Youth sports athletes are developing their sense of self, self-esteem, and an appreciation for the way the world works. They need to be taught discipline, and they will bond when they are asked to endure difficult physical exercise together, but it must be done in a way that teaches all the right lessons too.

What do you think? Are there ways you have effectively used punishment to build a youth team?

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Copyright 2013    Meagan Frank                             Choosing to Grow

Picture%20for%20blog%20parentA friend of mine sent me an email last week with the subject header: “I Never Thought I’d Be That Crazy Hockey Parent”. I took a second glance at who wrote it, because I know a lot of hockey parents, and the running list I keep of people I consider “crazy” does not include her. In fact, the woman who wrote this message to me is one of the last people I would have expected to lose it at a hockey rink.

I won’t go into all the gory details, although that may be the reason you are reading this blogpost in the first place, but basically she got into a verbal altercation with another parent after she felt her son’s team had been put at safety risk during a poorly reffed game. It got very ugly in the lobby after the game and she said things she could hardly believe came out of her mouth.

This woman is relatively new to hockey, and a novice around team sports too. After reading her account of the entire incident, and talking with her at length, I am convinced of one thing. She is not any crazier than any other hockey parent, she just gave in to a crazy moment. She has not had nearly enough practice with the emotions that accompany youth sports, but there is hope.

I have been around youth sports for over 30 years. I hope I look completely calm, cool, collected, and unphased when I watch kids play.  I better…I’ve had a ridiculous amount of practice. Sports have definitely taught me to put my emotions in check. I could never compete well if my emotions got the best of me, and learning to be disciplined in the most charged situations was the only way I competed at the levels I did. That being said, although I handle most emotions around sports well, I too am still learning how to deal with the heightened emotions a parent can feel while watching their own kids play.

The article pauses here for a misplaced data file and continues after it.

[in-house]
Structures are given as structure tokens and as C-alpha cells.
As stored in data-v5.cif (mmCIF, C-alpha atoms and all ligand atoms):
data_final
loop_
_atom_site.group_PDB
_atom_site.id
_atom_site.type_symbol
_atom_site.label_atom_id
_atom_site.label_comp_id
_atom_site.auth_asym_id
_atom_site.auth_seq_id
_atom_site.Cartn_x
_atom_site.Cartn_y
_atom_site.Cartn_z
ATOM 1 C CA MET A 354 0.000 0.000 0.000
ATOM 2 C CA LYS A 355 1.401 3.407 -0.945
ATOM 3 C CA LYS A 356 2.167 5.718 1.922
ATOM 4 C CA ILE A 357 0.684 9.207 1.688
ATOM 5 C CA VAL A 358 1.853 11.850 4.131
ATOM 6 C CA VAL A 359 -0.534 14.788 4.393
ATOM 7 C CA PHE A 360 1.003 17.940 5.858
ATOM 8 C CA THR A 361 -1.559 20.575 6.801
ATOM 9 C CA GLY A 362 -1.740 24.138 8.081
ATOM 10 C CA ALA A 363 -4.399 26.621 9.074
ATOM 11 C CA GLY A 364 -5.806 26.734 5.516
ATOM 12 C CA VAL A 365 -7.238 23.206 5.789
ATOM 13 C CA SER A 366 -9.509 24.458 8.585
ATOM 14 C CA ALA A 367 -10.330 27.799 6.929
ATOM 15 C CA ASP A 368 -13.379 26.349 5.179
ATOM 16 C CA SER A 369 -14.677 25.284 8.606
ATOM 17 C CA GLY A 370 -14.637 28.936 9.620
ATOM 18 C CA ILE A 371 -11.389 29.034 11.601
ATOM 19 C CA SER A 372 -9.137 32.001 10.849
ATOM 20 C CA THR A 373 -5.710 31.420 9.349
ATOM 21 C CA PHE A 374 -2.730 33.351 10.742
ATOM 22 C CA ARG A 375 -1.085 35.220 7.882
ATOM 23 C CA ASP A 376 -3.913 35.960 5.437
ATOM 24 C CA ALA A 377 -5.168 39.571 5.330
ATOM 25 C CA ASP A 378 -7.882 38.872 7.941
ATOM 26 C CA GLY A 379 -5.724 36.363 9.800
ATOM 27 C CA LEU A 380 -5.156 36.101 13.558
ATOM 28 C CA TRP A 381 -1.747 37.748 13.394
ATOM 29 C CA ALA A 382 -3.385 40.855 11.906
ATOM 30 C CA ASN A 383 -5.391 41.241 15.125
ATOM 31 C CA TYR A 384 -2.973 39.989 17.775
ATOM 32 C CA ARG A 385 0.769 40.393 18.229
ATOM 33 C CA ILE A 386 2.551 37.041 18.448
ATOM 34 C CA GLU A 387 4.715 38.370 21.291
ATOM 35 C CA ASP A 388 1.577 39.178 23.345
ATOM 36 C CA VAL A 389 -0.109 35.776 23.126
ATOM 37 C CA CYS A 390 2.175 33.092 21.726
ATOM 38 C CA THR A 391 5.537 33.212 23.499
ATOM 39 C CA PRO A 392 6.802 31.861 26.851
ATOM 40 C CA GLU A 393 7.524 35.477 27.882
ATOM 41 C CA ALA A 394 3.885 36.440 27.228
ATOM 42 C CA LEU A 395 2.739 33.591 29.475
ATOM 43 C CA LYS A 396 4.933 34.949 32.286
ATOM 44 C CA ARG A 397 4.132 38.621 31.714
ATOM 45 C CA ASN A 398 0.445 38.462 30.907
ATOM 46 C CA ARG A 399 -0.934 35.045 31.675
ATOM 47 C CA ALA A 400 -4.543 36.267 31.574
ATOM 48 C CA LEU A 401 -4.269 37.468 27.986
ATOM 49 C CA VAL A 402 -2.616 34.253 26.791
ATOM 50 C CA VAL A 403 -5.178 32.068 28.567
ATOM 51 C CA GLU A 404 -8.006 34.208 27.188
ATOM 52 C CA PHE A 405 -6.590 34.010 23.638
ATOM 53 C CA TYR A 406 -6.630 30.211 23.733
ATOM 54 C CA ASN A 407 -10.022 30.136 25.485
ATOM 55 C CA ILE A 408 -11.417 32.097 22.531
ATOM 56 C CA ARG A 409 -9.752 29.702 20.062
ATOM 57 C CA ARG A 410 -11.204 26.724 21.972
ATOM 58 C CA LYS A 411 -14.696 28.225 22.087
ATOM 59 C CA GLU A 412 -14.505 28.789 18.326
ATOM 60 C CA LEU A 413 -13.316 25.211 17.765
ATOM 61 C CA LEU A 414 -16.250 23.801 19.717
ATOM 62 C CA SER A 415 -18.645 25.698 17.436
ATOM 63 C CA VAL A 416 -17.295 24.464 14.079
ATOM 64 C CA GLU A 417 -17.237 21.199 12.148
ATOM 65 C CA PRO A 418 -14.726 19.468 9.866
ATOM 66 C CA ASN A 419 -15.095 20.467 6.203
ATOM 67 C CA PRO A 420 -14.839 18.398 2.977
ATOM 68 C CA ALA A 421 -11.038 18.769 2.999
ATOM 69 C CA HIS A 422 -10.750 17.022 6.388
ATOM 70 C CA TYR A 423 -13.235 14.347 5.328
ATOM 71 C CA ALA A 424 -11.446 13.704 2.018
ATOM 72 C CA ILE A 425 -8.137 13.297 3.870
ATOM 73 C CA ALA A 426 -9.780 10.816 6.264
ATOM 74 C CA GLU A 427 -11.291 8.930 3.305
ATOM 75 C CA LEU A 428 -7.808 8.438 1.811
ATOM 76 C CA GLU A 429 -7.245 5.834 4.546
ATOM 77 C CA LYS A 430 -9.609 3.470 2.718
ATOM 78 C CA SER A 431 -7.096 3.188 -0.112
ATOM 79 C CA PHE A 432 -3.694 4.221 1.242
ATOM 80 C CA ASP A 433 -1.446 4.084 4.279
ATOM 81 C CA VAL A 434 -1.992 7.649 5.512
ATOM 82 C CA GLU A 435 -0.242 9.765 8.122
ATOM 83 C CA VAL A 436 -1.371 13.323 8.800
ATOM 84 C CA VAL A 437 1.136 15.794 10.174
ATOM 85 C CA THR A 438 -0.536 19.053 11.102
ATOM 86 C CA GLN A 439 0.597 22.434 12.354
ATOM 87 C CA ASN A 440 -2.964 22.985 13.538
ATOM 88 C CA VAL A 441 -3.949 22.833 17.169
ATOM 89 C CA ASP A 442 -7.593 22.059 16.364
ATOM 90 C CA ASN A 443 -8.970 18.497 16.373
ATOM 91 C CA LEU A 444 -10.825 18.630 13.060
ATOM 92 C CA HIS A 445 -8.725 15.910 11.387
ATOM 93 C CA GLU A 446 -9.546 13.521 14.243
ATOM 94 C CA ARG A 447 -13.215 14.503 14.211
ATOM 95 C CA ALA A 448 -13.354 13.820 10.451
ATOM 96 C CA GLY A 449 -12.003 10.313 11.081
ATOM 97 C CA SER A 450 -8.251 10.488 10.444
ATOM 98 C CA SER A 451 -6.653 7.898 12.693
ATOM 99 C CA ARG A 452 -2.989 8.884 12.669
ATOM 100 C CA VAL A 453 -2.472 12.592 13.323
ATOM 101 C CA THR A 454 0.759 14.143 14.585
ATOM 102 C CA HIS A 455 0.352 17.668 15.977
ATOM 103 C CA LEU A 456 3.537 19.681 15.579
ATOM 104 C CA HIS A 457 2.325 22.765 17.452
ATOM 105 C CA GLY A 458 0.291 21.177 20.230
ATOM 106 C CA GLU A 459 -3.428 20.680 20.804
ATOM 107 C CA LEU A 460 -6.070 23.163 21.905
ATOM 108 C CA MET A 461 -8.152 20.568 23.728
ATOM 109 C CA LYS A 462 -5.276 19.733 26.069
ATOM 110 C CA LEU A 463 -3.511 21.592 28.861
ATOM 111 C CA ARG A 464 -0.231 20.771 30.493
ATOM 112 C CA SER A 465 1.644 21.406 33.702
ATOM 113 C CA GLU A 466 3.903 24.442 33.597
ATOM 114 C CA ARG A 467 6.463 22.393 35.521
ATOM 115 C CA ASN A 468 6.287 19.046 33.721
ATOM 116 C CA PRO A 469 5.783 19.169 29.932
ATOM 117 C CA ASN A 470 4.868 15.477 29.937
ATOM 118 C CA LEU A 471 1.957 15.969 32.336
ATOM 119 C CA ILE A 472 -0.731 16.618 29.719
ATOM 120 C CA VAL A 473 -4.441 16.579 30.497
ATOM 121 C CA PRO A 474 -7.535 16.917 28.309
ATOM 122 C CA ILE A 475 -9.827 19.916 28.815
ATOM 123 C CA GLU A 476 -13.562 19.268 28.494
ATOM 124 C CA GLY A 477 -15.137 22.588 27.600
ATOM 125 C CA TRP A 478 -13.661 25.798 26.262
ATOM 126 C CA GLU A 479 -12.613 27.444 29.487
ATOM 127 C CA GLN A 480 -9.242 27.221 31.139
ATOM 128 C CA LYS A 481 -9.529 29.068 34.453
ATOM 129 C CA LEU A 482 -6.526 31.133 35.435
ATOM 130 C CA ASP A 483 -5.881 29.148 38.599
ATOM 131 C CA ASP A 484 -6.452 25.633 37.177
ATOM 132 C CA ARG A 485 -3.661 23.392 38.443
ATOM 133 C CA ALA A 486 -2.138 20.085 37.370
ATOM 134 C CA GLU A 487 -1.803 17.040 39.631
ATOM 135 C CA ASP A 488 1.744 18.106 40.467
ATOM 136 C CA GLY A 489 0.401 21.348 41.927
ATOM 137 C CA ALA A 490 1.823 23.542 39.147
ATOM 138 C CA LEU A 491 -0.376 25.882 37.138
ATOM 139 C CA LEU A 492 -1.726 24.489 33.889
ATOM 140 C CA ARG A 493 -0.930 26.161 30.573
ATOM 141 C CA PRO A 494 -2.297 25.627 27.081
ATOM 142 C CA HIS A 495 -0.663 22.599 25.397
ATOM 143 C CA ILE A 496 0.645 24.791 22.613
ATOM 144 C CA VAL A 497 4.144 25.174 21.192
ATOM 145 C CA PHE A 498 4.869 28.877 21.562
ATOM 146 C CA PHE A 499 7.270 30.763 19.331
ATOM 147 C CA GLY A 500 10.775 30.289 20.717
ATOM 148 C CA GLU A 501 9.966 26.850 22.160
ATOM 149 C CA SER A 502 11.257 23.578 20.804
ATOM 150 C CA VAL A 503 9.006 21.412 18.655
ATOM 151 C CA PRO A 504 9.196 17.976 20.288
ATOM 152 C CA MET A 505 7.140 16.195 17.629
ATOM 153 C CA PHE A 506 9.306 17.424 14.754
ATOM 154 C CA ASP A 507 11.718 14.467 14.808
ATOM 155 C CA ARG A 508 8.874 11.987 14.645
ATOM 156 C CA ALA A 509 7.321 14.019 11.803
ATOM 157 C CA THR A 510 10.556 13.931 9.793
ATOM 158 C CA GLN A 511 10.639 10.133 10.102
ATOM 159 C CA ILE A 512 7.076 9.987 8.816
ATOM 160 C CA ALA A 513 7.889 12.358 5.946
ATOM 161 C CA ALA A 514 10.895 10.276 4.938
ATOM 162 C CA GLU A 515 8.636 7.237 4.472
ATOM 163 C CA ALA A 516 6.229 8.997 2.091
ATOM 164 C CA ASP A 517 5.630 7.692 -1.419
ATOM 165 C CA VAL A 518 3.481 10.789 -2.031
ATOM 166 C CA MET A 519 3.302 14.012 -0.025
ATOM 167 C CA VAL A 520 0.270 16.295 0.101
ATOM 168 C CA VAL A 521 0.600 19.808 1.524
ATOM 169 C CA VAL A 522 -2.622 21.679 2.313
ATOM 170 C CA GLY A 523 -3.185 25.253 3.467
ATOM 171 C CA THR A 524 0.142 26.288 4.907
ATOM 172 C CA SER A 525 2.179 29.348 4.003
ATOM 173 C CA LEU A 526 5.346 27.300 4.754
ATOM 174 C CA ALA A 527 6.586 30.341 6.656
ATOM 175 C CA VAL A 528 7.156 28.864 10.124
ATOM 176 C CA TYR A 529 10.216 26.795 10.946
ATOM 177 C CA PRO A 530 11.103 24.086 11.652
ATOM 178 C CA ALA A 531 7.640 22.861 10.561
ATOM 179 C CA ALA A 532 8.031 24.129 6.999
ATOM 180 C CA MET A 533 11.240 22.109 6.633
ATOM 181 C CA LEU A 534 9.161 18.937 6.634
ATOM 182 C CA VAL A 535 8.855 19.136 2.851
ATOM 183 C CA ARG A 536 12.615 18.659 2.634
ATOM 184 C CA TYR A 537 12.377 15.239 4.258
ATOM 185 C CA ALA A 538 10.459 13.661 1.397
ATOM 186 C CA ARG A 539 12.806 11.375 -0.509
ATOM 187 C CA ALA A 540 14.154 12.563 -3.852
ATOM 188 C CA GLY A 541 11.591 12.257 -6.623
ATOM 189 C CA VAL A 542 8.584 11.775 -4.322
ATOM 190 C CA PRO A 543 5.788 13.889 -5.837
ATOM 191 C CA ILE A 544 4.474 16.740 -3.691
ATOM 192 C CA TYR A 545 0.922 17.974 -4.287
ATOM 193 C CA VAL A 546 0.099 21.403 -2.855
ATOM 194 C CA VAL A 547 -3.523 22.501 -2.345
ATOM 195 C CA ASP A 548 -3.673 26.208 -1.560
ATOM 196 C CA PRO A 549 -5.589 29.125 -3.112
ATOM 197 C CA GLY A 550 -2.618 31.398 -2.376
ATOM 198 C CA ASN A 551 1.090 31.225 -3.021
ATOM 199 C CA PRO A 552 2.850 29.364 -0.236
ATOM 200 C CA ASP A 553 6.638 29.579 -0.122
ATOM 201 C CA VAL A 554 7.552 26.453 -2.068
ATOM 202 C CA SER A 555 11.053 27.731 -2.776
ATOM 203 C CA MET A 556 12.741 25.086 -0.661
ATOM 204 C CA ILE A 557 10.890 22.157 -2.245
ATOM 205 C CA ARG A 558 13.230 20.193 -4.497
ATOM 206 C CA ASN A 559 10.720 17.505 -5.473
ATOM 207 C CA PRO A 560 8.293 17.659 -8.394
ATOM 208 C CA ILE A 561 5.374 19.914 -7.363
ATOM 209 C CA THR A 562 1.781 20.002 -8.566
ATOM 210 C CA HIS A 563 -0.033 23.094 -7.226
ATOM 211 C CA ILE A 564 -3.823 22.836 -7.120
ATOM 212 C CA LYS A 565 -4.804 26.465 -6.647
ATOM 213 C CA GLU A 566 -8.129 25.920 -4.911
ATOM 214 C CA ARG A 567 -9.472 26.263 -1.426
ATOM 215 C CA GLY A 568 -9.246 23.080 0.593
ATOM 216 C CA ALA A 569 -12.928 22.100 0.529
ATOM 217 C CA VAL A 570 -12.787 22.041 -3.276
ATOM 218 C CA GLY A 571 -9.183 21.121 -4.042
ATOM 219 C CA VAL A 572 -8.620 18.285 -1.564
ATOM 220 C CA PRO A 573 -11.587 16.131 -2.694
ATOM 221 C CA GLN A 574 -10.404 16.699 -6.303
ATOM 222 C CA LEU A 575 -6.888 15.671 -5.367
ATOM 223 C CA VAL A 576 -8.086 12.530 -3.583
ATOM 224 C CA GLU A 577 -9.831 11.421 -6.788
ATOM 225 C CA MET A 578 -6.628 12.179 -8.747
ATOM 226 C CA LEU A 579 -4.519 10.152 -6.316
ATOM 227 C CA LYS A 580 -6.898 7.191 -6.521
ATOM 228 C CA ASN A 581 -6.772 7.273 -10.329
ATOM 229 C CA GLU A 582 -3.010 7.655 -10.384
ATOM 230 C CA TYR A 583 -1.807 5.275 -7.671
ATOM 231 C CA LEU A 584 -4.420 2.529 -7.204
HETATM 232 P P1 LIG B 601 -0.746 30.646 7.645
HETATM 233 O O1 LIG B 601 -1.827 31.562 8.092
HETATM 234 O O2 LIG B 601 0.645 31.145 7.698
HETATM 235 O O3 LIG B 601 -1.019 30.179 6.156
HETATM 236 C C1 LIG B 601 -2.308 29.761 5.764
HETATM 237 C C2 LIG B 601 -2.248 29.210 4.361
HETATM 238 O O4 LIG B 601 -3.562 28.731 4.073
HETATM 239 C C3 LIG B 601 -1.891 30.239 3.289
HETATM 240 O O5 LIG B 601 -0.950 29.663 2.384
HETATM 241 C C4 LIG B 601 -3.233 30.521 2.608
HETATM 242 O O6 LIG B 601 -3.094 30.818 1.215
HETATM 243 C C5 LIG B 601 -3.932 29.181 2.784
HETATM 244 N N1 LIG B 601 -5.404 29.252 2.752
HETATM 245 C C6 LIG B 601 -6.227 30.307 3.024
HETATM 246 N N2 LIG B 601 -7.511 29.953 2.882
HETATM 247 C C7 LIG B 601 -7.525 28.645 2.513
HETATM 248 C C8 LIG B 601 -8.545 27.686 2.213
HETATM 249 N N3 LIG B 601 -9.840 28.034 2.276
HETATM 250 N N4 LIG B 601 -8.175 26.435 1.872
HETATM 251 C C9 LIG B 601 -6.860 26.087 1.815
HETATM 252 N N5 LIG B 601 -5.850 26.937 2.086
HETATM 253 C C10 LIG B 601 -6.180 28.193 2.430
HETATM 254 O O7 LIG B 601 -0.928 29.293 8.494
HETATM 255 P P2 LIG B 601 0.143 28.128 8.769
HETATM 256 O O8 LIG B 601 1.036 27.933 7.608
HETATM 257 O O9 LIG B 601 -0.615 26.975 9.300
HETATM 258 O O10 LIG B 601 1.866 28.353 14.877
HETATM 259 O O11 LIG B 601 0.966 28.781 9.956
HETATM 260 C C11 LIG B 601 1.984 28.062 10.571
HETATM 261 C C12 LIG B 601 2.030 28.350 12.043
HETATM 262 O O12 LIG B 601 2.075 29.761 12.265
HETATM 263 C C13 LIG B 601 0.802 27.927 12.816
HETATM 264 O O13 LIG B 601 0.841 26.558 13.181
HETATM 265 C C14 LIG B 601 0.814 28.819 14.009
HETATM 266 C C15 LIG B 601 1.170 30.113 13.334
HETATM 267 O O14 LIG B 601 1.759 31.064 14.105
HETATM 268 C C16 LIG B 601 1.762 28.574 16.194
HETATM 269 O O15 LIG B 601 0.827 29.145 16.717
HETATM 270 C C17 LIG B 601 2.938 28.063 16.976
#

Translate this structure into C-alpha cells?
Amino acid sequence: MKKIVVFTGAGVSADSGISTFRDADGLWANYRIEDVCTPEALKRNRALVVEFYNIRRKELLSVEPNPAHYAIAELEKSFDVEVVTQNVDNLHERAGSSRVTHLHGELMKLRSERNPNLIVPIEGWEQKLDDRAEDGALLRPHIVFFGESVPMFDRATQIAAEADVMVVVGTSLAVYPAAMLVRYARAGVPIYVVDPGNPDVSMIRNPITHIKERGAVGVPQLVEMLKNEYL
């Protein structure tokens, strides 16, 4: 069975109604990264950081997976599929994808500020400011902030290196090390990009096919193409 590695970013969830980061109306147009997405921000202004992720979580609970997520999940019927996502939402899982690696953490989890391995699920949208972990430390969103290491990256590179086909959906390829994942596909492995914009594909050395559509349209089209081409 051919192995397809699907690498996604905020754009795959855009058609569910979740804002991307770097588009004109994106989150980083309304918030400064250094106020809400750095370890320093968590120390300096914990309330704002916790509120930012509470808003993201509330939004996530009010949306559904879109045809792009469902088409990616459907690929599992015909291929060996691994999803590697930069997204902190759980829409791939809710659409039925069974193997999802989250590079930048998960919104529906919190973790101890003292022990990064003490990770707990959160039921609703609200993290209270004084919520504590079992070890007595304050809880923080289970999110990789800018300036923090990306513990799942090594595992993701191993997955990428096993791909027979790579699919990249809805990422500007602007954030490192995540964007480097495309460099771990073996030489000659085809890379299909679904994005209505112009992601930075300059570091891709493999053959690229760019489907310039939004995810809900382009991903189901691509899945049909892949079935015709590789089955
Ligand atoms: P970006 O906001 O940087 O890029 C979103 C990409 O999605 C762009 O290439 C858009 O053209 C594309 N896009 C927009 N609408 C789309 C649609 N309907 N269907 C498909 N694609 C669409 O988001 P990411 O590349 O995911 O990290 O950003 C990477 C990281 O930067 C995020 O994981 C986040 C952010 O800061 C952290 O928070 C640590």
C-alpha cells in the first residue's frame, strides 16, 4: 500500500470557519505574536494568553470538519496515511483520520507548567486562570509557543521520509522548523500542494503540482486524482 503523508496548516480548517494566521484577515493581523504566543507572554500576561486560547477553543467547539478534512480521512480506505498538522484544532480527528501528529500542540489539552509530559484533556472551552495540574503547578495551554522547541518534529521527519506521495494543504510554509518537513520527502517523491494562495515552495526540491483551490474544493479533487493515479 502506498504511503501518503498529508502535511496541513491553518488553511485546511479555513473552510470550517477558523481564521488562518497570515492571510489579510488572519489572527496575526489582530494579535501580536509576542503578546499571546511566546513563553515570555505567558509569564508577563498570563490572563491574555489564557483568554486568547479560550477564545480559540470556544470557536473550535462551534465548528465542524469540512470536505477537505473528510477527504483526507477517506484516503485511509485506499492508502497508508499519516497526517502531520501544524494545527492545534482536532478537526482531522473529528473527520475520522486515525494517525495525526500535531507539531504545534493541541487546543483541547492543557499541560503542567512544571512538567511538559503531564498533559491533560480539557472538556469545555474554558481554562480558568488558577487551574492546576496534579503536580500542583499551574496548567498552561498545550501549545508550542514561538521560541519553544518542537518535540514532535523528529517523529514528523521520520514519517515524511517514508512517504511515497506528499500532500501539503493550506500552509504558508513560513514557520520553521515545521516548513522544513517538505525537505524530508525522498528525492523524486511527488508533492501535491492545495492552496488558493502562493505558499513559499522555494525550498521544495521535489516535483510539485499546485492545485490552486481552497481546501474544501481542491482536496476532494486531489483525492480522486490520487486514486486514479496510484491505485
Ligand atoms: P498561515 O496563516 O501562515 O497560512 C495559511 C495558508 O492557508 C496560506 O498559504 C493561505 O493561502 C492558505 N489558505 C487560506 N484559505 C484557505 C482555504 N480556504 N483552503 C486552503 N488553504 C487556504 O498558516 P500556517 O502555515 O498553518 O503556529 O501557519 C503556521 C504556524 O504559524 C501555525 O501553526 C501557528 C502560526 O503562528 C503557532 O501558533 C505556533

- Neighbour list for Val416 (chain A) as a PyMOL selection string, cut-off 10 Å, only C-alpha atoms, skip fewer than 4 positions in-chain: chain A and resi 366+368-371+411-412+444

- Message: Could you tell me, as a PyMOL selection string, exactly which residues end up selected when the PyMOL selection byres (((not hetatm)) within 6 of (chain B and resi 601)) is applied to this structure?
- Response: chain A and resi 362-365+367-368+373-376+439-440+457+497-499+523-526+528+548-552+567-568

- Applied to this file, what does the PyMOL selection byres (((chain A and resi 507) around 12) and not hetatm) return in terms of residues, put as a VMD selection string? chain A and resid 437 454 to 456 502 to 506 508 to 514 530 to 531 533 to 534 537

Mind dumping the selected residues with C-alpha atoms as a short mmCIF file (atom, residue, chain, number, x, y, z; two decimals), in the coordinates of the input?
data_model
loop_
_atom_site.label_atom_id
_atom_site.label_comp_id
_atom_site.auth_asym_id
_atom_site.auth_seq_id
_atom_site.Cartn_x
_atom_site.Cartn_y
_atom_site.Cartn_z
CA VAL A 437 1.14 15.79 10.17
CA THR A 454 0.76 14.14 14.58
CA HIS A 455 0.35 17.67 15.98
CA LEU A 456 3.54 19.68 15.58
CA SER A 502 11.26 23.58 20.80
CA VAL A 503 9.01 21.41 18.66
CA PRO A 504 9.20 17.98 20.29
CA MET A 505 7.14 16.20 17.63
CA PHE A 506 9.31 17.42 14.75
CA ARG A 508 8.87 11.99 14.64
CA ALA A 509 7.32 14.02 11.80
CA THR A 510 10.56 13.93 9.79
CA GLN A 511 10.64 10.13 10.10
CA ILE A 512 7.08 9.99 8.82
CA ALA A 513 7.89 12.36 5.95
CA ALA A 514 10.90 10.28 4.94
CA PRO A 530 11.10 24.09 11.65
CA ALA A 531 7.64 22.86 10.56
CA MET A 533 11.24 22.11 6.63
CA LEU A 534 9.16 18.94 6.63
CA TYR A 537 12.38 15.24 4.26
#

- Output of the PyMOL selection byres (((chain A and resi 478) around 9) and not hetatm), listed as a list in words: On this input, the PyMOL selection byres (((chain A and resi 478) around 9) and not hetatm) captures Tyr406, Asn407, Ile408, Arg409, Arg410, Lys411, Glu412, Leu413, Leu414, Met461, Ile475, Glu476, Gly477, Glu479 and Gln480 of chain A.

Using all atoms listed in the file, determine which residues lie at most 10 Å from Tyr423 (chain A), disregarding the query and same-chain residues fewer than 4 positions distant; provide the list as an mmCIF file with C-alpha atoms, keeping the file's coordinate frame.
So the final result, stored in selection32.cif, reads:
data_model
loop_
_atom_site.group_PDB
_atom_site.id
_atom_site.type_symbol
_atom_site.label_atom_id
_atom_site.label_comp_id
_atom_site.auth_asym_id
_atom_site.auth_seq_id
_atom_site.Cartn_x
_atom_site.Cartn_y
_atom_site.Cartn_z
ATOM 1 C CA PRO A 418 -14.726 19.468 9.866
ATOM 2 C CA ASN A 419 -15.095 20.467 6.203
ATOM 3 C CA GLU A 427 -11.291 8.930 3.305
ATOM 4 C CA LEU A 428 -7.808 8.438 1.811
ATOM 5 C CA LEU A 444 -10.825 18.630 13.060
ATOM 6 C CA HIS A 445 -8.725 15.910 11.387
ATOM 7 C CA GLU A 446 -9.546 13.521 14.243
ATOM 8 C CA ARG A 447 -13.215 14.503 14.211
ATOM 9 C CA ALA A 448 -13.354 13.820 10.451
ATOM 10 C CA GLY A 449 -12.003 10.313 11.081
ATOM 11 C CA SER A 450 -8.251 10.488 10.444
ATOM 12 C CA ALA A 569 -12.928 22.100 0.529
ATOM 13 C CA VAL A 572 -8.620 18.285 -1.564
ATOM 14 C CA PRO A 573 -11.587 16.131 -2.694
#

Not too long ago, one of my son’s teammates was viciously elbowed to the head during a blind-sided, illegal check. I was immediately pissed. This boy has played with my son for three years, and he is a good friend of ours. He is as important to me as one of my own kids. A protective mamma-bear instinct took over in the seconds following the hit and it took me by surprise. I think I perceived it as a threat, and my heart started racing.  I was entering into the phase of “fight” or “flight” and unsure about what to do with what I was feeling, I turned to our friend’s father expressing how awful the hit was. I wanted someone to feel what I was feeling with me…I was looking for an ally. Unfortunately, I didn’t find what I was looking for, and the dad shook it off as if it wasn’t anything to worry about. WHAT?!?I was unsure what to do with the “fight” feelings I had.  So now I was doubly mad and I started fumbling with my words. Gone was that calm, cool, collected lady I try to be, and only after I walked it off and did some deep breathing exercises did I get my heart rate to come back to normal.

Nothing came of this “fight” response, but I have to acknowledge the potential. I know it most certainly could have turned into something ugly. If the mother of the boy who delivered the hit had been within earshot and said anything in his defense…I just might have lost it. I don’t know!! And this WASN’T EVEN MY KID!!

My point is this: WE ARE ALL CRAZY SPORTS PARENTS!!  We are all one incident or one emotional response away from a crazy parent moment.

So maybe instead of denying this innate part of humanity we should all enter into a 12-step rehabilitation program so we can work through the steps to the calmest sports parenting possible.

Step 1: Hello, my name is Meagan, and I am a crazy sports parent.  (phew, denial has been so exhausting)

Step 2: It is true. I know that I am human and flawed and only through God do I have strength to combat my weaknesses.

Duh…it’s what worked for me when I was an emotional athlete, and I am confident it will work for me as an emotional sports parent.

How about you? Are you ready to come out of denial? What steps do you use to keep your emotions in check?

You can learn more about Meagan at her website:  http://www.meaganfrank.com

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Copyright  Meagan Frank     2013                    Choosing to Grow

2013-01-14 05.41.03

My daughter and I leave tomorrow morning for a hockey trip to Duluth. The girls will be building friendships, learning about themselves as athletes and as teammates, and playing some good hockey. The parents will be partying.

I am willing to roll our kids from rink to rink, from town to town because I want them to experience the ups, the downs, the heartbreak, and the joy of competing in sports. I know it will build them.